Howdy folks, today we’re looking at a few old-ish photos featuring the Stafford Bed Bath & Beyond shutdown. While this is primarily a photo dump, this shopping center has quite a fascinating history. As someone who grew up in Fort Bend County, I vividly remember the excitement behind the opening of “The Fountains on the Lake.” The center was started in late 1995, at a point where development was already almost complete on every corner around the open parcel of land. The site had been purchased in the 1940s by Aron Gordon for use as farmland. The Gordon family already owned a giant field across the then-unbuilt U.S. 59. While the Gordons did use the land to grow cotton, they were not attached to it, and news of the impending path of the Southwest Freeway would cause the family to sell most of their land North of the freeway to Texas Instruments. This was no significant loss, however, as the family’s primary source of income wasn’t farming but rather the Gordon’s Jewelers. Even with responsibilities at the company, the forward-thinking Aron would hang onto his land for years, turning down offer after offer for the land, mostly letting it lay fallow as construction rose around the empty parcel.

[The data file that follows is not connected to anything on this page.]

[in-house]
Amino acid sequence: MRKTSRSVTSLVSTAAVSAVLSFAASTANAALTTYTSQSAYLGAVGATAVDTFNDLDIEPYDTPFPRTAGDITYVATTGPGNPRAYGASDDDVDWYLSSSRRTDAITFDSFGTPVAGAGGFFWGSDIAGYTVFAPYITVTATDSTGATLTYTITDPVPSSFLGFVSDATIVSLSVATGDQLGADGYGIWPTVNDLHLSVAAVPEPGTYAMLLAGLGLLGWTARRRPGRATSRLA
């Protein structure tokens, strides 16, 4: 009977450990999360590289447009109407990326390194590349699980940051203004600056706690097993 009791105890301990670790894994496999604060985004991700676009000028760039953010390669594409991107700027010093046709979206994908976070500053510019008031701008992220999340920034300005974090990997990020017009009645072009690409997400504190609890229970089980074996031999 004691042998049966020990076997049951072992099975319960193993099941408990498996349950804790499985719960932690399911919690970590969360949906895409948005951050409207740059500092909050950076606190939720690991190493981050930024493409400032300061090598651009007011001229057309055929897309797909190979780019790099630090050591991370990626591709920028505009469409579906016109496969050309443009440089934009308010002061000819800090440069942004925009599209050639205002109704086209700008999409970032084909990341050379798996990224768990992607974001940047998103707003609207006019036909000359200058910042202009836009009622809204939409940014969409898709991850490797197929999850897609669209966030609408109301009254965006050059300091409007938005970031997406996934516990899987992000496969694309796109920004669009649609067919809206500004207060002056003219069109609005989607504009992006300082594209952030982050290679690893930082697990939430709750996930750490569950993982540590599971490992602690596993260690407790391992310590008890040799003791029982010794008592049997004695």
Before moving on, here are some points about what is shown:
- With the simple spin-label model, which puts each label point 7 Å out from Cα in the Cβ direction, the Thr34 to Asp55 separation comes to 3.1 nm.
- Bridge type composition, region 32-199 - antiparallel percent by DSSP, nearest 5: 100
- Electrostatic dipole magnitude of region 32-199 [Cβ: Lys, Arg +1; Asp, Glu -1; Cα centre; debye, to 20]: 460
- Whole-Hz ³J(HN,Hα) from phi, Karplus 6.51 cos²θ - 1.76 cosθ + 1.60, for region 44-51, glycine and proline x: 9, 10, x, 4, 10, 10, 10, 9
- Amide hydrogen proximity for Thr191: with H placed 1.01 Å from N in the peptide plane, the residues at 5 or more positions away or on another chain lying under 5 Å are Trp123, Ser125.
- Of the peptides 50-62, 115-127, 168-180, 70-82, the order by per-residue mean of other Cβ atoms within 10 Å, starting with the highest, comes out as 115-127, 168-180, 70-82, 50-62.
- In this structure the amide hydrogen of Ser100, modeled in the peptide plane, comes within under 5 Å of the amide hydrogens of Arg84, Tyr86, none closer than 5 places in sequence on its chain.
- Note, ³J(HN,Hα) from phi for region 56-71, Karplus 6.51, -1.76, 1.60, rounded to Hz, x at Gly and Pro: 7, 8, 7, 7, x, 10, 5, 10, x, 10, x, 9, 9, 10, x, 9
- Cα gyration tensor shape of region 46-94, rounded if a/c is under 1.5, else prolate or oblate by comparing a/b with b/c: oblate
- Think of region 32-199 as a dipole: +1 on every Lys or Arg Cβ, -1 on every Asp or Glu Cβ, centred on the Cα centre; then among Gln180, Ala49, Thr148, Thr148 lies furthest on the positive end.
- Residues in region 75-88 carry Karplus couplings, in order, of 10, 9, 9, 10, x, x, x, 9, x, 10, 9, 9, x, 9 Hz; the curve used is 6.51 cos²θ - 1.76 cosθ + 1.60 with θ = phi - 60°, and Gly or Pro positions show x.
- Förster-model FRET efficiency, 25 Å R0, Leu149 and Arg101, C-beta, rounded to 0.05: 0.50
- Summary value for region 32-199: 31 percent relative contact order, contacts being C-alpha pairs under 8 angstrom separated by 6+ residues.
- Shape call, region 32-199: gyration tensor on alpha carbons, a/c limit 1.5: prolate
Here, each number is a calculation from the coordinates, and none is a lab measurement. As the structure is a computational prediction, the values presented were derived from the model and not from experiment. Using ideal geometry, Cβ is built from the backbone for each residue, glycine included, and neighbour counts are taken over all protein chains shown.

In 1995, the first concrete rumblings of development for this tract of land were published. Early speculation included that Gordon may sell the land to a developer or that possibly some sort of big box retail operation would take up the majority of the land. However, what Gordon had in mind was a master plan. He would develop a heavily themed mixed-used shopping and entertainment district to attract prospective customers. Gordon’s project involved attracting new and upcoming retailers, which showed promise as major anchors, and small mall-style boutique shops to fill in the spaces in between. The original anchors included Bed Bath & Beyond, Hobby Lobby, Stein Mart, Oshamn’s, Borders, and a Cinemark movie theater, which would be replaced by Loew’s shortly before construction began. The idea was solid, even though critics worried that Fort Bend County was on the verge of being “overstored” then. The Fountain’s position next to the county line ensured a steady stream of traffic. For the most part, each of the listed anchors (or their descendants) made it to the end of their company before closing. BB&B even saw enough promise to open a World Market and Buy Buy Baby in the former Office Max around 2019. As of 2023, the center remains mostly leased and doing good business.